[The] infant carnivals were first staged in the early years of the last century, to encourage standards of mothercraft. They were often held in the first week of July, unofficially “Baby Week”. The babies would be examined by doctors and public health officers and judged on age, weight, general fitness and cleanliness. There was an award for best baby, but often every child who showed that they – and their parents – met general standards set by the judges would win some kind of prize, such as baby clothes, presented by the local mayor in his chain and robes.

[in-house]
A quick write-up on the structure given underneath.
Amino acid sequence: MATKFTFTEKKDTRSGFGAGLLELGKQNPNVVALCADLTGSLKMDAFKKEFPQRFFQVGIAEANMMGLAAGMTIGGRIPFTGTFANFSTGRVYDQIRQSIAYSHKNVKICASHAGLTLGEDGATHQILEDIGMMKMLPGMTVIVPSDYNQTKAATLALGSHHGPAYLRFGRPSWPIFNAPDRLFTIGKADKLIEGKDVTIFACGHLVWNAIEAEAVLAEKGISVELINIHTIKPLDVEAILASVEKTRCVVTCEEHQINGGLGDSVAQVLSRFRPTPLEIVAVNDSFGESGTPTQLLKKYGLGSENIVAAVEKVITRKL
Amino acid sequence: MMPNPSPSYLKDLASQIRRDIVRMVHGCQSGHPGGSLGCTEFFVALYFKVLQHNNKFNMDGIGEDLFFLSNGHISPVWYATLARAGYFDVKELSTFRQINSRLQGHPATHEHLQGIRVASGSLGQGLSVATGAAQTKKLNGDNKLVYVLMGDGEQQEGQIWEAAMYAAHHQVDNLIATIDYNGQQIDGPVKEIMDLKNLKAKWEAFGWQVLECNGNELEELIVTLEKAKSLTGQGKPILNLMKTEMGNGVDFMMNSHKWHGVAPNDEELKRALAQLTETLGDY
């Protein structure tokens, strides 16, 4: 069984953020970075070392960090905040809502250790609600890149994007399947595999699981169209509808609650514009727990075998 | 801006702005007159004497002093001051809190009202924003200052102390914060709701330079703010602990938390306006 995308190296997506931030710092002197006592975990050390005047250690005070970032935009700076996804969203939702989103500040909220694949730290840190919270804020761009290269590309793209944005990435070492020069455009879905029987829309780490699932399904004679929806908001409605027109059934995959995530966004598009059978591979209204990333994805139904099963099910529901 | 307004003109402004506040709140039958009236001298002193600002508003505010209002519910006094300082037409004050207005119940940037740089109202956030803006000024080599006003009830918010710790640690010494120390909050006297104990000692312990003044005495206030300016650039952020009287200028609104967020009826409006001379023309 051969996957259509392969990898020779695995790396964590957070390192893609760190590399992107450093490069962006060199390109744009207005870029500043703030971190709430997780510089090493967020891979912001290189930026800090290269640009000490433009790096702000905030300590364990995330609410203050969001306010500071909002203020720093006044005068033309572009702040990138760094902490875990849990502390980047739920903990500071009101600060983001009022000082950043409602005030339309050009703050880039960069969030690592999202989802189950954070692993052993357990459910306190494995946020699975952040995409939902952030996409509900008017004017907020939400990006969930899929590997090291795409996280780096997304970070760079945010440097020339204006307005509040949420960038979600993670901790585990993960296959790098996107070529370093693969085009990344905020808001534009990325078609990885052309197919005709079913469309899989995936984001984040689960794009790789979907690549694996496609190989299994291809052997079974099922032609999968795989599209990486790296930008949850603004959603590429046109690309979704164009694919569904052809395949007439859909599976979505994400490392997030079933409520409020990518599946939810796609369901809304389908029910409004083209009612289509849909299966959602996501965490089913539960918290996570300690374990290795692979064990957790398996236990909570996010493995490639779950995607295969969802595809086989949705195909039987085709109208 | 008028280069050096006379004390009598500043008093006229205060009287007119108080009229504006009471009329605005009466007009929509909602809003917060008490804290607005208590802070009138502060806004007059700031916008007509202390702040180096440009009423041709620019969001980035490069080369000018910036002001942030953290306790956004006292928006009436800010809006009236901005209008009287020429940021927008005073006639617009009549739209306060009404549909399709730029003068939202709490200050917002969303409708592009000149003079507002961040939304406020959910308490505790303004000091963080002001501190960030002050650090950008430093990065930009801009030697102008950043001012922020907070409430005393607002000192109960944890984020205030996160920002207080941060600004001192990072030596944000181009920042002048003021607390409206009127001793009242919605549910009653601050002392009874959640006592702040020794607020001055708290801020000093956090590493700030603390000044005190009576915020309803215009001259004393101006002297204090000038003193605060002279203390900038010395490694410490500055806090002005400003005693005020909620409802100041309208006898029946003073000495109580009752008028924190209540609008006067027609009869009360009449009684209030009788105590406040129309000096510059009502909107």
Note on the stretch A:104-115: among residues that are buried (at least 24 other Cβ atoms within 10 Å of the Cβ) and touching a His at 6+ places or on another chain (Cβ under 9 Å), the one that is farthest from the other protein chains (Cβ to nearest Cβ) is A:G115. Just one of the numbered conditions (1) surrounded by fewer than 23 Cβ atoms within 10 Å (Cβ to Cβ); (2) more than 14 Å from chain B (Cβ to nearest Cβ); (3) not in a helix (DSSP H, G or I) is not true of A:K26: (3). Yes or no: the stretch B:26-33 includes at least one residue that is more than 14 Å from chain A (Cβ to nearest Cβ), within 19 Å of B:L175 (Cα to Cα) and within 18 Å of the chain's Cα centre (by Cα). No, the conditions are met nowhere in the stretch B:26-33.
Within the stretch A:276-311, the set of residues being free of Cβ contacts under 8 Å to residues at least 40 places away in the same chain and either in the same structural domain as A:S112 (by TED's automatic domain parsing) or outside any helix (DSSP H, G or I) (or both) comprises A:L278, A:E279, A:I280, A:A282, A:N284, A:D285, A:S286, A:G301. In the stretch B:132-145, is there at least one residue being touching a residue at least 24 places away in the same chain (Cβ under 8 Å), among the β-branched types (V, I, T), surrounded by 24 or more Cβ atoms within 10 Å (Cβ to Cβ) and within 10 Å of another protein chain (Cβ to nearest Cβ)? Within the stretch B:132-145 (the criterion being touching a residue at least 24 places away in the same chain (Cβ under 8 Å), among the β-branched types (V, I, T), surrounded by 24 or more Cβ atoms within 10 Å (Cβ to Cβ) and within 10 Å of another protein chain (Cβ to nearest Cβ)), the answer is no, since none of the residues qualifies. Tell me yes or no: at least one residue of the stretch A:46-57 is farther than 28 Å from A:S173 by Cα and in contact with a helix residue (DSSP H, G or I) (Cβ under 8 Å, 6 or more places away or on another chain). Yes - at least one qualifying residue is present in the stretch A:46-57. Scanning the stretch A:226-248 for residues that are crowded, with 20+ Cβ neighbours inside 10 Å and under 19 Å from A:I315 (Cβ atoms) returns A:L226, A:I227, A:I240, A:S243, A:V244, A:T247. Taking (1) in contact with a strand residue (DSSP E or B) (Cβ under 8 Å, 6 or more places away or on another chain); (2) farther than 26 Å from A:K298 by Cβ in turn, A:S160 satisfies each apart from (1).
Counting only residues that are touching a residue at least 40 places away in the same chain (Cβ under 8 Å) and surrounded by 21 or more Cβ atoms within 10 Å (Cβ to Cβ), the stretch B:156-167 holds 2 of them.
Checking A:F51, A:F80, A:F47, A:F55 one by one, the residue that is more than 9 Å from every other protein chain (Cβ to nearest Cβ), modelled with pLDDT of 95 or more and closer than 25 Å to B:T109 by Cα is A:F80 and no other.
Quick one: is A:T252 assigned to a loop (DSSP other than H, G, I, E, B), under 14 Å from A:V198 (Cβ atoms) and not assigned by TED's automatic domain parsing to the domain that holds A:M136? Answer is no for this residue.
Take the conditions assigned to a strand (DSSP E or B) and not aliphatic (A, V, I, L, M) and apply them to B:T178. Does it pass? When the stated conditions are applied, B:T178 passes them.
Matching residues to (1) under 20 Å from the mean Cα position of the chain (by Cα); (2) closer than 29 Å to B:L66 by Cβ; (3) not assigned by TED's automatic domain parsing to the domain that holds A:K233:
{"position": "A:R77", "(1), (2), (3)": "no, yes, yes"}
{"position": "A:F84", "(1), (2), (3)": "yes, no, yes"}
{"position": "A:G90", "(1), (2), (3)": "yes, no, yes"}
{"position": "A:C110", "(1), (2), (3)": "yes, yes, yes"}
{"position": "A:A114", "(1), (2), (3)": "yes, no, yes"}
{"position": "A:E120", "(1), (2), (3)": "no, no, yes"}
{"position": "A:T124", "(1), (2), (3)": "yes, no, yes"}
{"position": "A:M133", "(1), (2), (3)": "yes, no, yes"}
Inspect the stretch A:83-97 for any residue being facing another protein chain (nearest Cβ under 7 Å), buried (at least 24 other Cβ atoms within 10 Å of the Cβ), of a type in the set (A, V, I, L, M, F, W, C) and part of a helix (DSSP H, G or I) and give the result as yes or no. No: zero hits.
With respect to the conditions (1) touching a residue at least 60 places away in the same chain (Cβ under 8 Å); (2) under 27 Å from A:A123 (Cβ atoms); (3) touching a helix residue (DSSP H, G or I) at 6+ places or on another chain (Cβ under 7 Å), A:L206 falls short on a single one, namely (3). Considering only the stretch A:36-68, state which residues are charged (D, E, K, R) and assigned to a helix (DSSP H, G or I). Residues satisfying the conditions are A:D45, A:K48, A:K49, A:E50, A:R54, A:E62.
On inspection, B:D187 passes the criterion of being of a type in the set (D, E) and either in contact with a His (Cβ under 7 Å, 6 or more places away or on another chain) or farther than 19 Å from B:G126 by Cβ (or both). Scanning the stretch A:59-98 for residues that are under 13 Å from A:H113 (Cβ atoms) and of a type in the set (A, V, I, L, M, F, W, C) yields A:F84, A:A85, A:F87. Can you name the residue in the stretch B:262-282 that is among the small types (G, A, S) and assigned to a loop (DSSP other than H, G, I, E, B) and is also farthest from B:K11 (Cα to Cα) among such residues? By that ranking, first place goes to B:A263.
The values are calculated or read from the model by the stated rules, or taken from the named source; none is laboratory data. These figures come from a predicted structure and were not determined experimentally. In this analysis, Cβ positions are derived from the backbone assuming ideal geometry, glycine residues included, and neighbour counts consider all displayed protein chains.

La plupart de nos célébrations ont-elles, au moins à l'origine, un motif politique ou pratique?